- What is a pin-type insulator?
- How do pin-type insulators work?
- Causes and consequences of poor insulators
- Different types of electrical insulators
- What to consider while designing pin insulators?
- Advantages of pin-type insulators
- Disadvantages of pin-type insulators
- Final Thoughts
- Frequently Asked Questions (FAQs)
What is a pin-type insulator?
Pin insulators have a fundamental importance in keeping the rule that
transmission lines need a distance apart from each other by supporting towers help. They are mainly used in power distribution systems with a voltage of 33kV.
An insulator that isolates a wire from a physical support, such as a pin on a utility pole or tower, is referred to as a pin type insulator. It is organized on a pin, as the name implies, and linked to a conductor. The conductor is held in place by grooves on the top of the pin insulator.
Depending on the voltage of application, these insulators are available in various parts, such as a single part, a two-part, or a three-part type. In pin insulators, non-conducting materials like porcelain, ceramic, silicon rubber, polymer, etc. are integrated.
This article is written with a clear objective to explain how pin-type insulators work, their causes, considerations to design pin insulators, their advantages and disadvantages, and other relevant facts.
Pin-type insulators consist of porcelain material, they are mounted on a galvanized steel pin which gets fixed with the pole’s cross arm. The line conductor can be kept in the groove on the insulator’s upper end. Electric current sometimes flows across the surface of the insulator. In order to function, they insulate the line conductor from the metal tower. The conductor is tied with the groove, wrapping with the same wire as the conductor.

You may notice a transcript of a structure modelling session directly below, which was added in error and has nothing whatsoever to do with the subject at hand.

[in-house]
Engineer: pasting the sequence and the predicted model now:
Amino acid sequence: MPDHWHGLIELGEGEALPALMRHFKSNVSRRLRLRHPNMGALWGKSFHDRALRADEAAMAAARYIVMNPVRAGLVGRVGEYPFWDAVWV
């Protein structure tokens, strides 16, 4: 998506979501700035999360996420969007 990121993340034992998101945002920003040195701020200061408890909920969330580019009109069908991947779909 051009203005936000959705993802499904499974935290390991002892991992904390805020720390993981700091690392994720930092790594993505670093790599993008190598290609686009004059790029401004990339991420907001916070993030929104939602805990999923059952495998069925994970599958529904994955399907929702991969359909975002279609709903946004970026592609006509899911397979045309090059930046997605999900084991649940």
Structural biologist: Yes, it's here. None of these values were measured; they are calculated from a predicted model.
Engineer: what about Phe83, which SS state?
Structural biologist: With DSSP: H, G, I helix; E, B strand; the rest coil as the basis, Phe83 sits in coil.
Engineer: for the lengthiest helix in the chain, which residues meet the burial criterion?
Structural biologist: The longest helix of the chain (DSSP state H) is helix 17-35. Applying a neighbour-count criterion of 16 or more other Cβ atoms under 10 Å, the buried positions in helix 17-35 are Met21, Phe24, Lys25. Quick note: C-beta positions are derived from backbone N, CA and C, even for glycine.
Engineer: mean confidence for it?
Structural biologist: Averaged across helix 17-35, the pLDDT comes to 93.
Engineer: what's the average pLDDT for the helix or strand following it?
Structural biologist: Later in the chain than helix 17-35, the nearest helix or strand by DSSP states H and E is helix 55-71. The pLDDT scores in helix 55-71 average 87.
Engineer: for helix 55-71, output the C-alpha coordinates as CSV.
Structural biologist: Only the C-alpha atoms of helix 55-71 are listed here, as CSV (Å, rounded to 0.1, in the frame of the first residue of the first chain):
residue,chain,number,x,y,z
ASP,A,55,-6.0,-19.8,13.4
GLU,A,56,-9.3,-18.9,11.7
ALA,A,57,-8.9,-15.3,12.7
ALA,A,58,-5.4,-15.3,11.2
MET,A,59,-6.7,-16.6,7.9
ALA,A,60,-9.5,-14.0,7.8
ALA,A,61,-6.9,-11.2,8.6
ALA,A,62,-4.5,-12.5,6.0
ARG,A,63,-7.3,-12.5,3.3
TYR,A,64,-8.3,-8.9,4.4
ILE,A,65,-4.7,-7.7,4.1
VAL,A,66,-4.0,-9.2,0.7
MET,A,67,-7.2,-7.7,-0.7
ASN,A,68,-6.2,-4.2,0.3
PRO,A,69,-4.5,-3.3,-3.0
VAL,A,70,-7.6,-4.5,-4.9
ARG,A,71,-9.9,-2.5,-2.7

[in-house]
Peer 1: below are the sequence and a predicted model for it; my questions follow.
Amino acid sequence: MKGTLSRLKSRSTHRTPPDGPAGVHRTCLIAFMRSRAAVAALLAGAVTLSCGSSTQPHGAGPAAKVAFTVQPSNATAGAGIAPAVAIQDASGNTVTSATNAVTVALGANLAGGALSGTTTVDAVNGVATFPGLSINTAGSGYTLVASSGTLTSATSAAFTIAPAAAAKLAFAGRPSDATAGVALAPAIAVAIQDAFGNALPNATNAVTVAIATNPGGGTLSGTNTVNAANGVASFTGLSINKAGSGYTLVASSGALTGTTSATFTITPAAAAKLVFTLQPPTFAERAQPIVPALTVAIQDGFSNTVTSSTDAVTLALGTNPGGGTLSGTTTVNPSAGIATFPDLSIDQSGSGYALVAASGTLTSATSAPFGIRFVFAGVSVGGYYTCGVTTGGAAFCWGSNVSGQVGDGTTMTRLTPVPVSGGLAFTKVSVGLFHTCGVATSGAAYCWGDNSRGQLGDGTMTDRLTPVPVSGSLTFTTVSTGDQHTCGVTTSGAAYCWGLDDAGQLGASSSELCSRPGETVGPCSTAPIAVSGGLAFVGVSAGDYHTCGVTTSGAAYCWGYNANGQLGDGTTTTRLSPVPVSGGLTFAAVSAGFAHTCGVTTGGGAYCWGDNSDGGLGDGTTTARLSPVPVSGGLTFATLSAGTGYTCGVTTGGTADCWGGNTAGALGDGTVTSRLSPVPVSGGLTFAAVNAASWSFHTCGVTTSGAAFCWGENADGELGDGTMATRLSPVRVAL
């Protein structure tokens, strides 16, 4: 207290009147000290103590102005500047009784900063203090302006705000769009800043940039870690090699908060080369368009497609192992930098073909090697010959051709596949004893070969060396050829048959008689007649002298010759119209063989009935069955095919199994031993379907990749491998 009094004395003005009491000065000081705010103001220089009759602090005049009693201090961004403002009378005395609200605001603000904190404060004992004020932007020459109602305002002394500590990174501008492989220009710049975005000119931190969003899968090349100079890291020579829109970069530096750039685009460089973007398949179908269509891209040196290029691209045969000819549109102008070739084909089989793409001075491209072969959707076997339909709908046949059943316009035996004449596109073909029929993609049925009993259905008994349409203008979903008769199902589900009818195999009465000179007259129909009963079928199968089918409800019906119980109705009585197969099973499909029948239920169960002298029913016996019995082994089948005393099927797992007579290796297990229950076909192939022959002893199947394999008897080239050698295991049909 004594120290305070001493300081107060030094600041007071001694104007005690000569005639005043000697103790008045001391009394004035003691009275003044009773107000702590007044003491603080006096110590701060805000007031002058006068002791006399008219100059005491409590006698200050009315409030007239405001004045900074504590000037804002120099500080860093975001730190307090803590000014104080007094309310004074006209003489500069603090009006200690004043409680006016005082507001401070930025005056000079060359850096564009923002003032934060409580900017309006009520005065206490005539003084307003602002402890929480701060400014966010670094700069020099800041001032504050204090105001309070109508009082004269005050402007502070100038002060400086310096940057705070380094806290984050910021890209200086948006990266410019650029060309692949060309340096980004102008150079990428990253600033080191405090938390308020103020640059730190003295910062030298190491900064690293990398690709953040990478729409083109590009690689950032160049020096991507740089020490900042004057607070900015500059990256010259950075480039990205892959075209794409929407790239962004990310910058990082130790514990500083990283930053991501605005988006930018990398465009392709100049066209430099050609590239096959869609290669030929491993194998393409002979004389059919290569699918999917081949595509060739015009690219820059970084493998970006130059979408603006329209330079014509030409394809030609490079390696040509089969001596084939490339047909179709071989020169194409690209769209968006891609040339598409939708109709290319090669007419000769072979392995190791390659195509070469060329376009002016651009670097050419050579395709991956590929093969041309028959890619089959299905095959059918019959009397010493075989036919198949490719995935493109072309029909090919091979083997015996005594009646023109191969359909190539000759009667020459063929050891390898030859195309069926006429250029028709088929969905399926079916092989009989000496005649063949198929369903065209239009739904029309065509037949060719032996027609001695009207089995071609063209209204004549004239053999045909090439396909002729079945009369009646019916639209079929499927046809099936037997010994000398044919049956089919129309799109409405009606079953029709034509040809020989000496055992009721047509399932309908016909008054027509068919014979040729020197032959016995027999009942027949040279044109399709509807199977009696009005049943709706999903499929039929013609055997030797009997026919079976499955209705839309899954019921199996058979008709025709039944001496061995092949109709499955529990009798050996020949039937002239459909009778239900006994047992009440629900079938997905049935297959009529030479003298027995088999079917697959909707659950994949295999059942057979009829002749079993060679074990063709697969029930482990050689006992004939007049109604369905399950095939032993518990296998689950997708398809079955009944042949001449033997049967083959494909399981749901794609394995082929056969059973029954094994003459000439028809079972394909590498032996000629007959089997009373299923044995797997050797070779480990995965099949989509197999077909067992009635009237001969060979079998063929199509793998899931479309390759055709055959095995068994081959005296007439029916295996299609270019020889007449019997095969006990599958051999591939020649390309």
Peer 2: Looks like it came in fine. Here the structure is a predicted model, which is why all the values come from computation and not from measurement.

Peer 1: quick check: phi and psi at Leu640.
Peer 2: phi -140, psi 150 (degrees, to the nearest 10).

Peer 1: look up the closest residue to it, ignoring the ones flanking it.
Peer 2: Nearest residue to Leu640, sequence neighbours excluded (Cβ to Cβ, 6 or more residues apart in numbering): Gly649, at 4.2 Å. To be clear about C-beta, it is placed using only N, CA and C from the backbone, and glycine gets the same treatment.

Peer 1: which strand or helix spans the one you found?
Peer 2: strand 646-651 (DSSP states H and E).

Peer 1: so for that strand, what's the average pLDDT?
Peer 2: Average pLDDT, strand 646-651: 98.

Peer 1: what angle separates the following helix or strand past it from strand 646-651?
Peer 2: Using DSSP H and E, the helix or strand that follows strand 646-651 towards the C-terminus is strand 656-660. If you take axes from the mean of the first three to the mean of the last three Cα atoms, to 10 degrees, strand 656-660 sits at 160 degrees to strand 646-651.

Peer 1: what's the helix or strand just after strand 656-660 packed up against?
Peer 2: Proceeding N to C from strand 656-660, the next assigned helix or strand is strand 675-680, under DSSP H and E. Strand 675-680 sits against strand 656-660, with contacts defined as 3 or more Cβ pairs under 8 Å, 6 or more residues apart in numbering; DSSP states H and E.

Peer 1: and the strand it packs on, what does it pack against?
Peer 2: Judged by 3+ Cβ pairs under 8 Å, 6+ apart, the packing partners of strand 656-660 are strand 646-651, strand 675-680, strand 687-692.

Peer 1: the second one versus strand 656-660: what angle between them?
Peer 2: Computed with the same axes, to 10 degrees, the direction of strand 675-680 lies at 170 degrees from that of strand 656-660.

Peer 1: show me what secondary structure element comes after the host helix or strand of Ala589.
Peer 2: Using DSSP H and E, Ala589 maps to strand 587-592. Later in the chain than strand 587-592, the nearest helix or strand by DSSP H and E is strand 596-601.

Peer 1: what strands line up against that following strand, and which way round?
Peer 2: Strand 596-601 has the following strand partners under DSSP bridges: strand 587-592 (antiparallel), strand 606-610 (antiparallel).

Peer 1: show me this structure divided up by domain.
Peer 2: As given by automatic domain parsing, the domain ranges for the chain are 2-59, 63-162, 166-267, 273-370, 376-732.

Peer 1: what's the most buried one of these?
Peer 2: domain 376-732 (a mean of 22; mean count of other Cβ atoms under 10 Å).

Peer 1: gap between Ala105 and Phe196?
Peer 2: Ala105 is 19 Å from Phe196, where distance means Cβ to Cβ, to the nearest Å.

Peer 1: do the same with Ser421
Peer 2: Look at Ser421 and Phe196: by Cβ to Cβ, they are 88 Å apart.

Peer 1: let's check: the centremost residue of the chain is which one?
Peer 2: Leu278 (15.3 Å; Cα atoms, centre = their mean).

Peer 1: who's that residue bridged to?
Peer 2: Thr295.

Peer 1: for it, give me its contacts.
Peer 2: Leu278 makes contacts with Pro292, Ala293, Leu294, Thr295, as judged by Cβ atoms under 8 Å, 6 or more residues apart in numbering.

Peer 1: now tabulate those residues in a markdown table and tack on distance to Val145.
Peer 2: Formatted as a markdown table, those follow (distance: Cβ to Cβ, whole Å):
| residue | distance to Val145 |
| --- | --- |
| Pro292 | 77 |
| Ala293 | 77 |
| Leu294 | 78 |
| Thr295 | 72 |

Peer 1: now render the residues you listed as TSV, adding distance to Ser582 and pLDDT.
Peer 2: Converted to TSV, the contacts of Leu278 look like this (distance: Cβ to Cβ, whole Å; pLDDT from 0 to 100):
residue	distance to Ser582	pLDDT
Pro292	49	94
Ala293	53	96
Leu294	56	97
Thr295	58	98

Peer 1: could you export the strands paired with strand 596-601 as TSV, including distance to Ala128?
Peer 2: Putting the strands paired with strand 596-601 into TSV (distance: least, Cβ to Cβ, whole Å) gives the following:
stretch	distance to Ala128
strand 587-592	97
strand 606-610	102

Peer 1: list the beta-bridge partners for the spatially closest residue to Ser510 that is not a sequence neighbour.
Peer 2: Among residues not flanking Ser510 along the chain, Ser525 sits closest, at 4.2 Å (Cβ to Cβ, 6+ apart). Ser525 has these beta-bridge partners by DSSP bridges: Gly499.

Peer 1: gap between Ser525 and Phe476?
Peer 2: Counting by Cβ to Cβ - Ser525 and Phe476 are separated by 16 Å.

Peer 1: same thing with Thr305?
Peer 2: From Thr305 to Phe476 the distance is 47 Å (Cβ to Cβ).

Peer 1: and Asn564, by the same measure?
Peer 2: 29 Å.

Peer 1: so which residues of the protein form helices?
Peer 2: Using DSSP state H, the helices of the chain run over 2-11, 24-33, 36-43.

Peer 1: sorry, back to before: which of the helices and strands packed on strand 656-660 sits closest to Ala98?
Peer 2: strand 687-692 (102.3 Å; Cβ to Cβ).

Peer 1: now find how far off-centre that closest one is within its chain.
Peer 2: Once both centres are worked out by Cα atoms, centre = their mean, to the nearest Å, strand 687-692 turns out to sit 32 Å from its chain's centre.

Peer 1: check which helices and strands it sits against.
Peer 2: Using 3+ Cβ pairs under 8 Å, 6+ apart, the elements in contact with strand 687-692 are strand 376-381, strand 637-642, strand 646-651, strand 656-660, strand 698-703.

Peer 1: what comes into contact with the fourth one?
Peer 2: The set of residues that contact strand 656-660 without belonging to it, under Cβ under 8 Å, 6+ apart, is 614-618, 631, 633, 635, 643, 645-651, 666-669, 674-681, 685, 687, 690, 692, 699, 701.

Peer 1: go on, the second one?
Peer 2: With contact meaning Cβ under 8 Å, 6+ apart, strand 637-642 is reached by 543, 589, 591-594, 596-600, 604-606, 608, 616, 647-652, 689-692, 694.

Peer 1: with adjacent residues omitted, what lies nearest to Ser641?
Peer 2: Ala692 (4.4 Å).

An insulator loses some strength when it becomes wet because outside its surface conducts electricity. An insulator features an umbrella-like form to shield the lowest portion from the elements. The insulator is encircled by ridges called “rain sheds” to keep the interior side dry.
It is equally essential that insulators are designed in such a manner that overcomes the electrical and mechanical stress on them. Electrical stress on the insulator depends upon the line voltage.
The failure that comes in the insulators is caused either by a puncture or flashover. Puncture in the insulator occurs due to electrical discharge between conductor and body of the insulator through its pin. It may be caused in the insulator due to moisture or dirt particles depositing in the insulating material. As a result, a small leakage current begins to flow. When such a puncture occurs, the insulator gets damaged permanently.
By creating an arc between pin of an insulator and the line conductor, it is possible to trigger the flashover of an insulator due to an electrical discharge. In most cases, instantaneous flashover happens after lightning strikes and switching surges. Flashover may occur due to an abrupt increase of the voltage (voltage transient) since it exceeds the high voltage handling capacity of the insulator. Therefore, it is the result of the insulator’s electrical loss.
The flashover does not damage the insulator, but the perforation makes it worthless. The insulator gives the material enough thickness to prevent a surging perforation. By strengthening the leakage resistance, the flashover is reduced to a minimum. The leakage path length is extended by adding more layers, or “petticoat.”
Each of these insulators, which are utilized in transmission and distribution systems, is made up of numerous insulating discs. Based on their ratings, these are divided into many types, which include the following.
- Pin Insulator
- Suspension Insulator
- Strain Insulator
- Shackle Insulator
- Stay Insulator
- Disc Insulator
Distribution systems use this kind of insulators. This insulator can tolerate voltages of 11 kV. It is made of a material with high mechanical strength.
A suspension insulator is also called a disc insulator. Materials like porcelain or glass can be used to design these insulators. The suspension insulator solves difficulties like operating on high transmission lines above 33kVs. The suspension insulator consists of a string of insulators connected in series, with the lowest insulator serving as the line conductor.